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National Audit Office

Volume 587: debated on Wednesday 29 October 2014

I beg to move,

That an humble Address be presented to Her Majesty, praying that Her Majesty will appoint Lord Bichard KCB to the Office of Chair of the National Audit Office.

This is only the second time that a Prime Minister has moved a motion to appoint the chair of the National Audit Office and the first time the process has been applied to someone new to the role. It is a direct result of our Budget Responsibility and National Audit Act 2011 to strengthen the governance of the National Audit Office. At a time when we are working hard to deal with our debts, it reflects the critical role of the NAO in scrutinising public expenditure and safeguarding the interests of hard-working taxpayers.

First, I would like to thank Professor Sir Andrew Likierman who is standing down when his term of office ends in January. As the NAO’s inaugural independent chair, he has played a vital role in establishing the NAO board as an effective governance body.

The proposed new chair, Lord Bichard, has been chosen following an open competition by a selection panel that included the Chair of the Public Accounts Committee, the Auditor General for Scotland and the permanent secretary of the Treasury. Lord Bichard has had a distinguished career in local and central Government. His many roles have included chief executive of Brent and Gloucestershire local authorities, chief executive of the Benefits Agency and permanent secretary of the Department for Employment, which then became the Department for Education and Employment. He led the vital inquiry into child protection measures following the horrific Soham murders, and also served as chair of the Legal Services Commission, chair of the Design Council and founding director at the Institute for Government.

I believe Lord Bichard’s extensive experience across the public sector makes him an outstanding choice as the independent chair of the National Audit Office, and I have no hesitation in commending this motion to the House.

This is the second occasion when we have had time set aside in the House to debate the public appointment of the chair of the National Audit Office. I warmly welcome and support the process whereby both the Executive and the legislature are involved in the appointment to this important post, and the fact that the Prime Minister is present to propose to the House the appointment of Lord Bichard. I join him in thanking Sir Andrew Likierman for his excellent stewardship of the organisation over the past few years since its inception.

I have known Michael Bichard for many years. Indeed, I first met him before he joined the civil service when he was working as a chief executive in local government. He is a man of outstanding ability and clear judgment, and he brings to the role vast experience across the public sector from his roles in local government, leading a government agency and leading a Government Department. He has also run a very successful higher education institution and was involved in establishing the Institute for Government as its first director. I have every confidence in his ability to fulfil this new role.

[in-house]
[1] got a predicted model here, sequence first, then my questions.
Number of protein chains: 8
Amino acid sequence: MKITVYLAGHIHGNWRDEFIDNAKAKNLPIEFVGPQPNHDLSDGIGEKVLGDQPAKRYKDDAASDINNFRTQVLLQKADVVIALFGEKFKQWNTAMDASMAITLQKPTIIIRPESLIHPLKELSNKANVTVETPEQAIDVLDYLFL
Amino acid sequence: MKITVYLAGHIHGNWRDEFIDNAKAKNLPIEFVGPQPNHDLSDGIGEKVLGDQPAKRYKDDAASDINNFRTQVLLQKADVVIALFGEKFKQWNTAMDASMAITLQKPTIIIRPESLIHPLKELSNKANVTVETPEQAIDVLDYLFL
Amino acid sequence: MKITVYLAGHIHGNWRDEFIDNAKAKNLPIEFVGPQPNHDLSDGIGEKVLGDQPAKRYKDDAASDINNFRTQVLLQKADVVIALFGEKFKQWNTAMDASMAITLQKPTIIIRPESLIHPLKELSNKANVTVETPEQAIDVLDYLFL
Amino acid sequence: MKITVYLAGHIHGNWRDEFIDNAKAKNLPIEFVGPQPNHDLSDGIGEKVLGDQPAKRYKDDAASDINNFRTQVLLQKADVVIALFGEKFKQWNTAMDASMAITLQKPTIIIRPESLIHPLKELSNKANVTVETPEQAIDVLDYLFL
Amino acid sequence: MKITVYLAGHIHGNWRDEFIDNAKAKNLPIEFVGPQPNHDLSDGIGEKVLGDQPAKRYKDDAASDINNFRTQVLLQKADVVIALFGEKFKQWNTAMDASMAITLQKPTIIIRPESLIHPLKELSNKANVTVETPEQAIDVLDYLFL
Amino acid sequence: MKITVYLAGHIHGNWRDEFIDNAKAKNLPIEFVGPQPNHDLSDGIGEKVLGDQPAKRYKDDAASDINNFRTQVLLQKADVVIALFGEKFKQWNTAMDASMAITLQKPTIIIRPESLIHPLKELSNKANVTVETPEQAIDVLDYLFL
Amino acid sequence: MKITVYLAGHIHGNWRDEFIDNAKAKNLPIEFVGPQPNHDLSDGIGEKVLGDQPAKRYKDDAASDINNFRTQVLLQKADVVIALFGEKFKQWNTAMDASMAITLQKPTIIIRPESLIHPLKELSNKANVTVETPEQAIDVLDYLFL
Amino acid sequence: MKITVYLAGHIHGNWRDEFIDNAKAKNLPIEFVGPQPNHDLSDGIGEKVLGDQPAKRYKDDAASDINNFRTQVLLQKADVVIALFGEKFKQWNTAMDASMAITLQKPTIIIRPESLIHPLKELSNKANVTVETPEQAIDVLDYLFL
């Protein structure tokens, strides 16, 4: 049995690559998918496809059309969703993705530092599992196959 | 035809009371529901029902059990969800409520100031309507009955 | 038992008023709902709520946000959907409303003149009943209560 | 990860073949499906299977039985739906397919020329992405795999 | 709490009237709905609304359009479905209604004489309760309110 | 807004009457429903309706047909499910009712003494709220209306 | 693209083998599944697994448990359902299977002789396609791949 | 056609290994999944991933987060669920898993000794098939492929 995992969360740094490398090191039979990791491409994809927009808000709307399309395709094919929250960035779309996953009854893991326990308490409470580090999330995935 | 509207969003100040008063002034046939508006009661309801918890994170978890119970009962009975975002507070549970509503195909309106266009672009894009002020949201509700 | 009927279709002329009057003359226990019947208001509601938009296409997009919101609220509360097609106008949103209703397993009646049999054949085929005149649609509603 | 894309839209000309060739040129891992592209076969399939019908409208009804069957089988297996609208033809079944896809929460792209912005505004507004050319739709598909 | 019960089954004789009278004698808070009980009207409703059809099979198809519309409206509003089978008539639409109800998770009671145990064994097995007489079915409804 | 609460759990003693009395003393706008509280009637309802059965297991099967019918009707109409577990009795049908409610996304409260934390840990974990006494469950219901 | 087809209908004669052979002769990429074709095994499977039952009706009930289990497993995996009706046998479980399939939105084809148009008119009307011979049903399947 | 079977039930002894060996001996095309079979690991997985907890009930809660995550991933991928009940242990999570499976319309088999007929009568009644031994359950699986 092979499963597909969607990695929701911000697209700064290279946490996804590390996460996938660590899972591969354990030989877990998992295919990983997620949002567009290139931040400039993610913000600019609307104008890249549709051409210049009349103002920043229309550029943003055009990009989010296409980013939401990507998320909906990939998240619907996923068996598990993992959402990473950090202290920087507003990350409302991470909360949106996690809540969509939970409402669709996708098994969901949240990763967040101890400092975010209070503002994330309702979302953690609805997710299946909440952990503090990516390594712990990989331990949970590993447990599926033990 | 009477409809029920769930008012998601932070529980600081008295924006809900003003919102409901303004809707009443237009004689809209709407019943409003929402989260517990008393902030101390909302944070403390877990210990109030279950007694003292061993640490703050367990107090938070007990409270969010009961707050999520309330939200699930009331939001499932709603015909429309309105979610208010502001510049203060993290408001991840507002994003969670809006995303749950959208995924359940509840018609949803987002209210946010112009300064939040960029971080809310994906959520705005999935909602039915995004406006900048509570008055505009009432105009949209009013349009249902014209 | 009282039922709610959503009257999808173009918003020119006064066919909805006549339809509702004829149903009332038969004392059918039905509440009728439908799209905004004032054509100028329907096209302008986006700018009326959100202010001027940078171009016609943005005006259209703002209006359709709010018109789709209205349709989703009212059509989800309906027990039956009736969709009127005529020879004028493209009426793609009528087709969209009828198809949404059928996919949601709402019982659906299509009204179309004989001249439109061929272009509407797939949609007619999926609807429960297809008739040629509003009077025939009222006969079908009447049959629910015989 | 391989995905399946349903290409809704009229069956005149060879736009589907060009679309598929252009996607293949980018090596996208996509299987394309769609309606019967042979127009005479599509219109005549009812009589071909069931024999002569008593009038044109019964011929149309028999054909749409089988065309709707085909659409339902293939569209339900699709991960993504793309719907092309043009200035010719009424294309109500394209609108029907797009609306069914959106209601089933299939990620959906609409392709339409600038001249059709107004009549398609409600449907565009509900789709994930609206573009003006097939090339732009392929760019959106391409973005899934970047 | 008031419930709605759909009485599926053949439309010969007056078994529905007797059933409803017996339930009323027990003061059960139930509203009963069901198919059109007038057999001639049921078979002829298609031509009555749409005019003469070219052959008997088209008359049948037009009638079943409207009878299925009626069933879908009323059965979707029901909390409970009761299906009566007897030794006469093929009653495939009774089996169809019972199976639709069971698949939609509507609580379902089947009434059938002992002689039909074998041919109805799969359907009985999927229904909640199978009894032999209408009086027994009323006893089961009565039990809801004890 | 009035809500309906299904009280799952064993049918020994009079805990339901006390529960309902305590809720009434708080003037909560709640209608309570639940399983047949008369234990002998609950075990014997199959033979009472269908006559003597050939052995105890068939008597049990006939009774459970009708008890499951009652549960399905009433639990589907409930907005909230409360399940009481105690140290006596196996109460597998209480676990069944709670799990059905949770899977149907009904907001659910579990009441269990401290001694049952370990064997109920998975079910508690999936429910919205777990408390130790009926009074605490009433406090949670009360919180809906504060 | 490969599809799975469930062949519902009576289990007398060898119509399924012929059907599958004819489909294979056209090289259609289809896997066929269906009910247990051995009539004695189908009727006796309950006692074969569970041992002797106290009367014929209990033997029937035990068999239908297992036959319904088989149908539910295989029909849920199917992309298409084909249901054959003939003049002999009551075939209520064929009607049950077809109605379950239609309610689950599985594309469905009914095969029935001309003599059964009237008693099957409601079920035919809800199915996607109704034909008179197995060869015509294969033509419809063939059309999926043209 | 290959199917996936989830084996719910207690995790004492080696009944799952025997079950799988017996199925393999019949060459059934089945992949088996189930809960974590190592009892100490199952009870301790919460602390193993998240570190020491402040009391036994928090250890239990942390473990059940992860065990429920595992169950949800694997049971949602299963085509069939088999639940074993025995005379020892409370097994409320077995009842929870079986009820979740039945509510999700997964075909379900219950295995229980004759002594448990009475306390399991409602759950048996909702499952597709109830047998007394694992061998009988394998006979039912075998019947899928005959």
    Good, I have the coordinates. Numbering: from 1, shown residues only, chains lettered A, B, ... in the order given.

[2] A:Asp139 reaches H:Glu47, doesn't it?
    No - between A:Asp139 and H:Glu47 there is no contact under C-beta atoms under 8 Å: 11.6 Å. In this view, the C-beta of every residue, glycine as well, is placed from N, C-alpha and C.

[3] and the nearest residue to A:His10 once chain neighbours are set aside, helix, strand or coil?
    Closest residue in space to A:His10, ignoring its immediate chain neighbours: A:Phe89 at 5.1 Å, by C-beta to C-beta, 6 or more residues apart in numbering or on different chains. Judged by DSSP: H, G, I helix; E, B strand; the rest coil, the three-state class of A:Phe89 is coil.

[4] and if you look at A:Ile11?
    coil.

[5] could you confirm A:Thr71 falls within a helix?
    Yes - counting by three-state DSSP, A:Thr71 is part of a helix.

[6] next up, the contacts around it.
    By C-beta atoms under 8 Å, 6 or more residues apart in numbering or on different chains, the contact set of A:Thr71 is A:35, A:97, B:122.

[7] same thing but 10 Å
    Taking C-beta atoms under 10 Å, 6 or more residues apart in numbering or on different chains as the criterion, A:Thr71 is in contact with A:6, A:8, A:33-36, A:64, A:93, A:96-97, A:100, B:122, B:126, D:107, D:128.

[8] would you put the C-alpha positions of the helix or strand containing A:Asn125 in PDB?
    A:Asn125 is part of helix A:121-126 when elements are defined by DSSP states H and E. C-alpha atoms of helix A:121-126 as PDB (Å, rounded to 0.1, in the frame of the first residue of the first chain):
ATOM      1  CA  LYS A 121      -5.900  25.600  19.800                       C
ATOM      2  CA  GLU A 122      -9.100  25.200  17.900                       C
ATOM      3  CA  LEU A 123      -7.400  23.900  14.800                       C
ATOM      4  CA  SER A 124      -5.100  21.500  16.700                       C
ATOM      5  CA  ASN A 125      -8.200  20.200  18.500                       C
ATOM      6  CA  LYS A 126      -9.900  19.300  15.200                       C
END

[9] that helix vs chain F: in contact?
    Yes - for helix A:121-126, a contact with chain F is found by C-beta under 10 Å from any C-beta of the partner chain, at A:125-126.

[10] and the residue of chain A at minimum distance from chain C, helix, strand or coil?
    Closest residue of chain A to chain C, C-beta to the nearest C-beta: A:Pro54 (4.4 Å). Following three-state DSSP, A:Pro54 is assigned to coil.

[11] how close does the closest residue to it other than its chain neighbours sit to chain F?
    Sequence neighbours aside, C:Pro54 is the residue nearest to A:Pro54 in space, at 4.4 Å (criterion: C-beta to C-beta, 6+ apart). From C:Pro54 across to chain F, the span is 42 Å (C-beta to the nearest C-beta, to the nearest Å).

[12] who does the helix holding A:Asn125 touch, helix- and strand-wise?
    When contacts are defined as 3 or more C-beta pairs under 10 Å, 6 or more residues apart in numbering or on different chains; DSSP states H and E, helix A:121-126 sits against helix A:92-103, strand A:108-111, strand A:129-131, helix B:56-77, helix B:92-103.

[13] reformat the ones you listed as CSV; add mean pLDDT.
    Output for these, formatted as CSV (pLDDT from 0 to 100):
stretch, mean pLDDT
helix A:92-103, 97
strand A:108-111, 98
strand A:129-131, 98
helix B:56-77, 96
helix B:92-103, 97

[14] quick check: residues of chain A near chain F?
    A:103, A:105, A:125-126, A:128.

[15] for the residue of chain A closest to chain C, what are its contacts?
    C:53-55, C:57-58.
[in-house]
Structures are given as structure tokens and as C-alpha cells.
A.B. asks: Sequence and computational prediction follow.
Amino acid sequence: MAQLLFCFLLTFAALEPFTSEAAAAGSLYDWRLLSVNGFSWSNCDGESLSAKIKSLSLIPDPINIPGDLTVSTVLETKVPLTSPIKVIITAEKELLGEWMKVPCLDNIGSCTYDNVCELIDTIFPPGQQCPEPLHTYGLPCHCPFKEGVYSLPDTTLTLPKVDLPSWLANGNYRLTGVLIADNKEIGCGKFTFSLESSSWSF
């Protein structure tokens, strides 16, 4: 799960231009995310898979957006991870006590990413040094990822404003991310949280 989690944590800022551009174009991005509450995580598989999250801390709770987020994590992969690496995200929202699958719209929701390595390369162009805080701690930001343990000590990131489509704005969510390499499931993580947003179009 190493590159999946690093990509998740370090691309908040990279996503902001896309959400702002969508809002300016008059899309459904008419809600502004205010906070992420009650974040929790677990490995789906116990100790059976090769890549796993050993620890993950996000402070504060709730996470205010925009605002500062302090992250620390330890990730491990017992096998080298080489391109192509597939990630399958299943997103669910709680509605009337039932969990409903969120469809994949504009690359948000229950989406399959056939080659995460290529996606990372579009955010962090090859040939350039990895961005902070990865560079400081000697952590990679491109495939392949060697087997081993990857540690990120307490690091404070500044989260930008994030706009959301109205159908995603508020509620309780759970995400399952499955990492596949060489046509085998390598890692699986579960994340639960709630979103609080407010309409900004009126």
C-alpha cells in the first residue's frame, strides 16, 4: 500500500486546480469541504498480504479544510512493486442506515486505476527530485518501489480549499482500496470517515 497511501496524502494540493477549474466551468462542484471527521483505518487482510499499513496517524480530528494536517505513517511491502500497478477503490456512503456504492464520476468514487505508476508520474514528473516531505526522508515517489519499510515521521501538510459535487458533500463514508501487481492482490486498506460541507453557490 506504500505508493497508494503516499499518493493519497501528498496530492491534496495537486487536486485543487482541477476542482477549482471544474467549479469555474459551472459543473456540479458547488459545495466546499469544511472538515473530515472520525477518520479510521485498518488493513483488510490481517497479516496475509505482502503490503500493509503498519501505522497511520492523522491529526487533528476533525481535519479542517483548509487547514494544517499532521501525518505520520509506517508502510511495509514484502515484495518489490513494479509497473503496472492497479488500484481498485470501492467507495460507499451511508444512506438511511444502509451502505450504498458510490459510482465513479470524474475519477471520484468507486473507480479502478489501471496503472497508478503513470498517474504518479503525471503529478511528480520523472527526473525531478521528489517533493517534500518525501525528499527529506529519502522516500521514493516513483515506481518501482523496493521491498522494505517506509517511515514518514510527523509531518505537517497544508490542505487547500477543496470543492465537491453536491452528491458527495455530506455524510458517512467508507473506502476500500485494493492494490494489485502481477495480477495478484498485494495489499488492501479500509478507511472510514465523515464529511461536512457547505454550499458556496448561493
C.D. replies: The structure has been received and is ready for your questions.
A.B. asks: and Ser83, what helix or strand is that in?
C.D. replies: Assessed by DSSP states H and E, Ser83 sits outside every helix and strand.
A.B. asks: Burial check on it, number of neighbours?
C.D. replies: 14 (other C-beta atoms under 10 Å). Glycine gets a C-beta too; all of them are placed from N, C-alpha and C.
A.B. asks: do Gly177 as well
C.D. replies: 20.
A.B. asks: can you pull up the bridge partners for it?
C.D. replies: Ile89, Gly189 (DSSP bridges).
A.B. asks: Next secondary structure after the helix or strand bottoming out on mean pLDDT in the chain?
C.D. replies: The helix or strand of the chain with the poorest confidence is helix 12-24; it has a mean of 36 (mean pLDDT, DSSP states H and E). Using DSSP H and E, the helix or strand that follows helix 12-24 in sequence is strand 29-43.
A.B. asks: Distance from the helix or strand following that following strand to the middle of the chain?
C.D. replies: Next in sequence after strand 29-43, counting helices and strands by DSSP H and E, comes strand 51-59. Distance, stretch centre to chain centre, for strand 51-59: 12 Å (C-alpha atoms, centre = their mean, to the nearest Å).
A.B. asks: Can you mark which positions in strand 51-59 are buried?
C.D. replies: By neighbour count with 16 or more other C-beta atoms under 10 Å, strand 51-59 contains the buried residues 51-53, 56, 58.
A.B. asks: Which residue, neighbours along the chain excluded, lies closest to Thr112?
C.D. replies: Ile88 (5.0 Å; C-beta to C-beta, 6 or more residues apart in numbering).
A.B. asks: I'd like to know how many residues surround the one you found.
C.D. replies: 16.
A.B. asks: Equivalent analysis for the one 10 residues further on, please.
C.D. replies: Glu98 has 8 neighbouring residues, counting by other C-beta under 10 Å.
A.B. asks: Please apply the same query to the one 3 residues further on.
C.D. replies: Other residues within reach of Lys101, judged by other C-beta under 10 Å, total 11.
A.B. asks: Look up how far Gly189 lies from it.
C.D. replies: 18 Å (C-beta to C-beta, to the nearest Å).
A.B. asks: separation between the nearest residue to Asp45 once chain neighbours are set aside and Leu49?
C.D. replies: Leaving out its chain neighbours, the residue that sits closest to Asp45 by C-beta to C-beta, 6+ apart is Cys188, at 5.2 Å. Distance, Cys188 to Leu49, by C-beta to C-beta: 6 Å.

I agree with the Prime Minister that in the current times, with continuing pressures to reduce public expenditure and borrowing, we need a strong, fearless and high quality National Audit Office to provide well-evidenced information on how the taxpayers’ pound is being spent. Sir Michael’s long experience and undoubted knowledge and expertise make him an excellent choice as chair of this important institution. I am delighted to be able to support the motion before the House.

I support the motion. Two years ago, when the Budget Responsibility and National Audit Act 2011 set up the chair of the National Audit Office, there were two chief concerns: to strengthen the governance of the National Audit Office in a way which, it was widely agreed, it could benefit from; and to ensure at the same time the continued statutory independence of the Comptroller and Auditor General in exercising his statutory functions. The CAG is an officer of the House of Commons, and it is vital that his independence and ability to undertake inquiries, wherever he—or she, were there a female doing the job—feels necessary, is unfettered. The 2011 Act needed to pull off the trick of providing both for the chair to have the ability to advise the CAG, and for the CAG to have regard to that advice while at the same time continuing to have

“complete discretion in the carrying out of…functions”.

This House owes a debt of gratitude to Professor Sir Andrew Likierman for the way he has carried out that task. I have every confidence that Lord Bichard, who has a very distinguished career in public service, will be able to perform the same function with equal skill. I have no hesitation in commending the motion to the House.

Question put and agreed to.